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Track(s) taken from CDH55036

Nun danket

First line:
Now thank we all our God
composer
NEH413, melody from Johannes Cruger (1598-1662) Praxis Pietatis Melica (1644), harmony from Mendelssohn's Lobgesang (1840)
composer
arrangement
author of text
translator of text

St Paul's Cathedral Choir, The English Brass Ensemble, Christopher Dearnley (organ), John Scott (conductor)
Recording details: February 1989
St Paul's Cathedral, London, United Kingdom
Produced by Mark Brown
Engineered by Antony Howell
Release date: October 1989
Total duration: 3 minutes 53 seconds
 
1

Reviews

'Exemplary' (Gramophone)
Martin Rinckhart (1586–1649) studied theology at Leipzig University and after his ordination became Minister of the Lutheran Church in his home town of Eilenburg in Saxony. Rinckhart was a prolific writer and composer but much of his work was either lost of destroyed. Opinion is divided as to the date of composition of the hymn Nun danket; what is clear is that it was used at the Thanksgiving Services in 1648 following the signing of the Peace of Westphalia, which marked the end of the Thirty Years’ War. The hymn became immensely popular in Germany and was sung at many ceremonial occasions including the completion of Cologne Cathedral (before World War II) and at the laying of the foundation stone of the new Reichstag Building in Berlin by Emperor William in 1884. Catherine Winkworth (1827–1878) translated the hymn and included it in her Chorale Book for England (1863).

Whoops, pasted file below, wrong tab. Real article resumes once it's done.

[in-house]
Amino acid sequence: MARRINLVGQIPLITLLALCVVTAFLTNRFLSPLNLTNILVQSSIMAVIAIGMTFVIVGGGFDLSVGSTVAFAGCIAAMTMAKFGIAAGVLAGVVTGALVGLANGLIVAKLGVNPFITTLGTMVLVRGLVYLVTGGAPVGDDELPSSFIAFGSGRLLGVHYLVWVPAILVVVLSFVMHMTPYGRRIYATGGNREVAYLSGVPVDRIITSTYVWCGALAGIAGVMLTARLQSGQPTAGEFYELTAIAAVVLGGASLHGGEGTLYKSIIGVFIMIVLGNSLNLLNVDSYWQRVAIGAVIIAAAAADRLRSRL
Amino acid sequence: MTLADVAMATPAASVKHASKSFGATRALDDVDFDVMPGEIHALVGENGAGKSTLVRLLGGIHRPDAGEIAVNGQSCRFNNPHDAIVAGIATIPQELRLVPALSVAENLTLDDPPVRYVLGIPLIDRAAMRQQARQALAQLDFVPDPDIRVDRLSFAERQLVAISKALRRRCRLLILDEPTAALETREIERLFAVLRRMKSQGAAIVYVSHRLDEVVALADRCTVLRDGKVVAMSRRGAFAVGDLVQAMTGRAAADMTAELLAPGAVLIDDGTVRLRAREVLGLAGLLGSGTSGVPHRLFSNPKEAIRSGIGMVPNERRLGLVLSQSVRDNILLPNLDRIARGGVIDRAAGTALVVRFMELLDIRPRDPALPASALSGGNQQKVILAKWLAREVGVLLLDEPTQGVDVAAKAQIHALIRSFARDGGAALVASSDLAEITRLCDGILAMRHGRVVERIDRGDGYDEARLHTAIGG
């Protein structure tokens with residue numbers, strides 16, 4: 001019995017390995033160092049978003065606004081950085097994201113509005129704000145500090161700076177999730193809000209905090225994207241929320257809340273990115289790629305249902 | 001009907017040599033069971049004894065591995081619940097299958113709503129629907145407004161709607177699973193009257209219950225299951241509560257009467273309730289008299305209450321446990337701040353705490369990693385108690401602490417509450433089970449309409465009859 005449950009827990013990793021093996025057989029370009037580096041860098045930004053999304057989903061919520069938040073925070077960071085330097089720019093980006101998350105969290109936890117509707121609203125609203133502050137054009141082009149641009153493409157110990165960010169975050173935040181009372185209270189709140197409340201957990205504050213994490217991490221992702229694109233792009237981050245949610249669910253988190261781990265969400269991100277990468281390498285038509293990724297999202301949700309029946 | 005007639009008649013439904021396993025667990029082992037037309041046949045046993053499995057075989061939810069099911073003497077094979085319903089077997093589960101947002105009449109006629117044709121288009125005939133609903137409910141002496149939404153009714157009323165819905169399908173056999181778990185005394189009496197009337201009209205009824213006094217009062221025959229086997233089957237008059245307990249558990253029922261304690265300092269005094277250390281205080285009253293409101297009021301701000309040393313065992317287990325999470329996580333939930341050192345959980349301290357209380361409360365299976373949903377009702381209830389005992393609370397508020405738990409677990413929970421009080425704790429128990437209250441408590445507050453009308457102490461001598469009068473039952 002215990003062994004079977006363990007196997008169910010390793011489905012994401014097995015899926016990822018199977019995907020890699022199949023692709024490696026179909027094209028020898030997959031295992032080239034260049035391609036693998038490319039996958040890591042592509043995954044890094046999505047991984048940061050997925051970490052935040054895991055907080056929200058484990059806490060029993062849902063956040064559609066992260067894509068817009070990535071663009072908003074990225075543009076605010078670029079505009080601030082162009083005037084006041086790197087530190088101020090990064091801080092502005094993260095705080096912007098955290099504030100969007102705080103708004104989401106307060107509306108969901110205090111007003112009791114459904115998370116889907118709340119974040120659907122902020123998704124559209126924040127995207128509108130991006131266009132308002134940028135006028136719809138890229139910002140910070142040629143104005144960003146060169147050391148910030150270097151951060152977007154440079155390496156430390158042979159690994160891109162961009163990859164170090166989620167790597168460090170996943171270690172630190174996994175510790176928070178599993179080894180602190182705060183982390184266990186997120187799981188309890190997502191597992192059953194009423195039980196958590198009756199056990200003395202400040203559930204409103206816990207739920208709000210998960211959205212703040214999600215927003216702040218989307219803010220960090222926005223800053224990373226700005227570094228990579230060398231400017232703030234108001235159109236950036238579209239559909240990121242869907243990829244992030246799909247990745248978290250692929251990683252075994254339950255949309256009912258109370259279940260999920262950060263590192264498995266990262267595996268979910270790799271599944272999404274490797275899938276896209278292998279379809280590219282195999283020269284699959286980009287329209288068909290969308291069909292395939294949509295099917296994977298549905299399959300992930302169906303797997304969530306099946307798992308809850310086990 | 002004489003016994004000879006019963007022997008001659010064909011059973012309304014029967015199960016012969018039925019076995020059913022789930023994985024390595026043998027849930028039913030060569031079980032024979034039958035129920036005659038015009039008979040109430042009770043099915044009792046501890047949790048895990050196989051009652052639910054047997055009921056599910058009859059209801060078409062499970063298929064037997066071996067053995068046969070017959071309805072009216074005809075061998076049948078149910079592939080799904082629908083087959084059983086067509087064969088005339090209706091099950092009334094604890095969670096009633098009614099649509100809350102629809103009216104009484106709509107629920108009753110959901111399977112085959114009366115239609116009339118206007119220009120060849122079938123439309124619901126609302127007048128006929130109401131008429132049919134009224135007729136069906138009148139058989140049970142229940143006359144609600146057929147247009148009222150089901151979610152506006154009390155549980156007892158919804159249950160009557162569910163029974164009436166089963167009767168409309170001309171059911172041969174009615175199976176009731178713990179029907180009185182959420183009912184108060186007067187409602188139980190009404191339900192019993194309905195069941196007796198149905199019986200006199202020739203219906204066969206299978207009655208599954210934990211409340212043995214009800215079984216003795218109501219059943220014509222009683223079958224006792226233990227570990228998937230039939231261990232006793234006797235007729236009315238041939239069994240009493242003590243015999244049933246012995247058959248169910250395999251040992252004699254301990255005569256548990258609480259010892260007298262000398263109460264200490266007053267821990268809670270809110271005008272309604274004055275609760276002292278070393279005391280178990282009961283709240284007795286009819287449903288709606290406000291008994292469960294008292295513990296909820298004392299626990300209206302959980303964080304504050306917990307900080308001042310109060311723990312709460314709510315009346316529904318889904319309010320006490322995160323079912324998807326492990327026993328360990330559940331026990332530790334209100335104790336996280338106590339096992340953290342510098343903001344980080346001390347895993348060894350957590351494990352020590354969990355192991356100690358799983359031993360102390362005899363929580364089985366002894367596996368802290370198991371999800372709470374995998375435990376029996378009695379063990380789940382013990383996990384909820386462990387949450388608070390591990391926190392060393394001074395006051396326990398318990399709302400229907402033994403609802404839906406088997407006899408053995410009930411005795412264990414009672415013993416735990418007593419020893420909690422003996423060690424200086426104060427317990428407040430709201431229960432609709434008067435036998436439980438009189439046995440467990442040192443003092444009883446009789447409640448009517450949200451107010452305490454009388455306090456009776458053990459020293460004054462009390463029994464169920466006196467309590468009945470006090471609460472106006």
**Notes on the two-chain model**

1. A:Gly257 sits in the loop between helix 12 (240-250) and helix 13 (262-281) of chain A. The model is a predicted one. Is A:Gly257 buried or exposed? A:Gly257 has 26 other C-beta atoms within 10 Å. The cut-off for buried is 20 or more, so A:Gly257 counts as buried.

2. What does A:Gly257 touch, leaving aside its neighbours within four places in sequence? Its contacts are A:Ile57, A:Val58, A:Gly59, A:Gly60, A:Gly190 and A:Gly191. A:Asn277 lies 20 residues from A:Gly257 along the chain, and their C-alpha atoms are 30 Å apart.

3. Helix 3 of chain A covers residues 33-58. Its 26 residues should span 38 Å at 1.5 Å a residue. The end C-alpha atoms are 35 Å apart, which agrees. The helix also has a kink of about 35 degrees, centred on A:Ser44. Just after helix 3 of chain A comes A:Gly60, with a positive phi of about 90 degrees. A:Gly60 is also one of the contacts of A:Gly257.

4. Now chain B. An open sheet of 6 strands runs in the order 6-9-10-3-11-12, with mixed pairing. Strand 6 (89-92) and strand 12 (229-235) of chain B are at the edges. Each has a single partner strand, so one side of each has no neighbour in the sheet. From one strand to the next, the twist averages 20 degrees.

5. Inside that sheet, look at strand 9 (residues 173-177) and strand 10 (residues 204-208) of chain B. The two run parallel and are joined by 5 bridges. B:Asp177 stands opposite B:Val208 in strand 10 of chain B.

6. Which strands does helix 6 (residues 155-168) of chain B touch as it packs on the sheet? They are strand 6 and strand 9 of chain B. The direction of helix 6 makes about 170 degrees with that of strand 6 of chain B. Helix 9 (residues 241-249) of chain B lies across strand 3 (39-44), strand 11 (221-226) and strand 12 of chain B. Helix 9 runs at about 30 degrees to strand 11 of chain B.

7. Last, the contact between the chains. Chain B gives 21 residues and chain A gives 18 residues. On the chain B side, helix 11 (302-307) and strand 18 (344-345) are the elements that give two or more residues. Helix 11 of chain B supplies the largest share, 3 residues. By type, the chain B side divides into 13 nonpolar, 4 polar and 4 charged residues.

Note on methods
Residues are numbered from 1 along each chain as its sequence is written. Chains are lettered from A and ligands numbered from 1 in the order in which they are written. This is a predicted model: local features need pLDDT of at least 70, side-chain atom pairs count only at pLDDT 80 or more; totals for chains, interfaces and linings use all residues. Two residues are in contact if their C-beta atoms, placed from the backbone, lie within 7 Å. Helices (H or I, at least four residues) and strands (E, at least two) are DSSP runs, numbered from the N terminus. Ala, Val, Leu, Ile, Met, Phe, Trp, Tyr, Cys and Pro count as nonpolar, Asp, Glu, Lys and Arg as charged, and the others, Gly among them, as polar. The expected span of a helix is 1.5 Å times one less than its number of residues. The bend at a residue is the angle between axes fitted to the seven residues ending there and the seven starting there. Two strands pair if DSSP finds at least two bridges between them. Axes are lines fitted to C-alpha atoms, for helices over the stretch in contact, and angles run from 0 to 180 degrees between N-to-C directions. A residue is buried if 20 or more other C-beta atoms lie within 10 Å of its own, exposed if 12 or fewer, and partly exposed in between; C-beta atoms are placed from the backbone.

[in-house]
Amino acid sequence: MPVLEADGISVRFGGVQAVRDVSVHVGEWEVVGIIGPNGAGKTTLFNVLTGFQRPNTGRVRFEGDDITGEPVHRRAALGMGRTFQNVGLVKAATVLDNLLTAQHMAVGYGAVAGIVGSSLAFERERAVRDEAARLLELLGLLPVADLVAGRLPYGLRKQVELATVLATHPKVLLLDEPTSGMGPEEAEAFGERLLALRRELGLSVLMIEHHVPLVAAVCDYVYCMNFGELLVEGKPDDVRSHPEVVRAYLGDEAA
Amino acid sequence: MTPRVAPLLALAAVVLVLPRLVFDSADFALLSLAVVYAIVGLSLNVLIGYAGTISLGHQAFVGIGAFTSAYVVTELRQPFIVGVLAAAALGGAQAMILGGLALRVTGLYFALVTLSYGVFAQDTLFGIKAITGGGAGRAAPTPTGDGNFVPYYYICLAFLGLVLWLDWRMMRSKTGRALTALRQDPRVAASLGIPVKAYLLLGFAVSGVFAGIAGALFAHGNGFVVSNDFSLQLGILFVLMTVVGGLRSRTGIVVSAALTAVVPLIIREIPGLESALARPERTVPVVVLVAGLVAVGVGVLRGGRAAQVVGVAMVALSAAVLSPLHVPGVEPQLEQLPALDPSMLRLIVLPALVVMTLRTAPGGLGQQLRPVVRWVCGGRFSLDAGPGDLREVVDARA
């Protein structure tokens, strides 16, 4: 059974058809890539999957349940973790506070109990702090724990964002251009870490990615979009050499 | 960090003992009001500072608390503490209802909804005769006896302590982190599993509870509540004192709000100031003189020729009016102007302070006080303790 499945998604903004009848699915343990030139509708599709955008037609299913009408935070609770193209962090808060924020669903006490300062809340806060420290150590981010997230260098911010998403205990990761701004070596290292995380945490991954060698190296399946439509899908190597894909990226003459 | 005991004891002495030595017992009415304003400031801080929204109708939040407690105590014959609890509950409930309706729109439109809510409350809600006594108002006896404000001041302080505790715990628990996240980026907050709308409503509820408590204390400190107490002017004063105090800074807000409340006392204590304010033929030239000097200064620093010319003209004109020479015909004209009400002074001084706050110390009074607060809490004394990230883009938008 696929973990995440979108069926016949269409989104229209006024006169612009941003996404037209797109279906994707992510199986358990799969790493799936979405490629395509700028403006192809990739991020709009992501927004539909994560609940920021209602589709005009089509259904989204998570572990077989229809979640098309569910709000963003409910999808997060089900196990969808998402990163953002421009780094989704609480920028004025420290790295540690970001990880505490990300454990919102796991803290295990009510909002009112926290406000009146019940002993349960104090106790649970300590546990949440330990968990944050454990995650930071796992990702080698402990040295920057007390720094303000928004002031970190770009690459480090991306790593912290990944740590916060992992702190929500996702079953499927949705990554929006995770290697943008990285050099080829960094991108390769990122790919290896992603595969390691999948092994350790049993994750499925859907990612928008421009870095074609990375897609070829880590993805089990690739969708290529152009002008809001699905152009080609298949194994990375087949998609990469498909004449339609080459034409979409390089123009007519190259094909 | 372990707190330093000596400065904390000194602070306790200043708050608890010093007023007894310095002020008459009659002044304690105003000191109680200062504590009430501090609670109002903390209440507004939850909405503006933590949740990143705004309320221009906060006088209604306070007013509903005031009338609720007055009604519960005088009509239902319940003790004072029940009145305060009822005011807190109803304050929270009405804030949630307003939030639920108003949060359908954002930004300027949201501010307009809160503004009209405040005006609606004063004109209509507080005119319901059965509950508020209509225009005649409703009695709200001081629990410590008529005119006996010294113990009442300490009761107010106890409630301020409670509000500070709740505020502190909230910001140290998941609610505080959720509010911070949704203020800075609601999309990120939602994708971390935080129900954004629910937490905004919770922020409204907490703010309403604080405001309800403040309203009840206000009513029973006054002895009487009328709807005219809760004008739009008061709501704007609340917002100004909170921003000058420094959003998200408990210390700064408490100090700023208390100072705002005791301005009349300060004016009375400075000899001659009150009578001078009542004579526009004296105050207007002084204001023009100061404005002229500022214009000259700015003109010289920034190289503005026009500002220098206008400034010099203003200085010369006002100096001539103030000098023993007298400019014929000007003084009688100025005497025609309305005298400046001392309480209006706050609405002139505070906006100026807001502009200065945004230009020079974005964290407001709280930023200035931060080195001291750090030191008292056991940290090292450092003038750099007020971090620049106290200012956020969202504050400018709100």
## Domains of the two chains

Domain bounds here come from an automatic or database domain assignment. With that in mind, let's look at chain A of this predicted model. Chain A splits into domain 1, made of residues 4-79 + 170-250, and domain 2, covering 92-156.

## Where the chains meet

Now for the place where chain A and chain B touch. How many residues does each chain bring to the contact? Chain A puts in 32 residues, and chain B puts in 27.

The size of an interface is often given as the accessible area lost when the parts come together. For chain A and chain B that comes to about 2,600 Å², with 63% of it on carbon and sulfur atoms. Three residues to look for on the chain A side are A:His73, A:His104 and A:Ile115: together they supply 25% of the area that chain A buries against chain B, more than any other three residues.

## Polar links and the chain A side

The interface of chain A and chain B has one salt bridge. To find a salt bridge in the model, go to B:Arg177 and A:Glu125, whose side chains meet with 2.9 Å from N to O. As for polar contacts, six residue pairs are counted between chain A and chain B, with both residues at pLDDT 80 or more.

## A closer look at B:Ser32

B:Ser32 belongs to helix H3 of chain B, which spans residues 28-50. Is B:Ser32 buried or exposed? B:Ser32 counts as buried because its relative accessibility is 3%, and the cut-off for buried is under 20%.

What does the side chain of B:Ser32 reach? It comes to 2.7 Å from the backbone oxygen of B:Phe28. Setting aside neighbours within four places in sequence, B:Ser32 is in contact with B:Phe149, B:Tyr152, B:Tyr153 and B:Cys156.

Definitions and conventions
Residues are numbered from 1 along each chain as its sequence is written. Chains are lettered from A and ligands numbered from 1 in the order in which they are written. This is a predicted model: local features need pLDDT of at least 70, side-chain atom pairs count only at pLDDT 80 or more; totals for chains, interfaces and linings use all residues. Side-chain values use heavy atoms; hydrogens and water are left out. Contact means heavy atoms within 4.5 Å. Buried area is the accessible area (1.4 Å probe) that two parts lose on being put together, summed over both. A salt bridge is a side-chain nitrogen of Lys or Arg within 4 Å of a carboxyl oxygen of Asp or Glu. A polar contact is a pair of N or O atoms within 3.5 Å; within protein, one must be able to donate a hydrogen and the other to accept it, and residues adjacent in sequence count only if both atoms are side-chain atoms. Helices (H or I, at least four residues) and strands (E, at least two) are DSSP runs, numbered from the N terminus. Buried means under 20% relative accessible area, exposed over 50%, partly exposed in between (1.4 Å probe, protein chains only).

The German composer and theorist Johannes Cruger (1598–1662) published several theoretical works and collections of Lutheran hymns with music. Many of his settings are still in use including Jesu, meine Freude and Nun danket alle Gott. The melody of the tune Nun danket used on this recording is taken from Cruger’s collection Praxis Pietatis Melica (1644); the harmony is chiefly from the chorale ‘Let all men praise the Lord’ in Mendelssohn’s Lobgesang (‘Song of Praise’, 1840).

from notes by Sarah Langdon 1999

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The Essential Hyperion, Vol. 2
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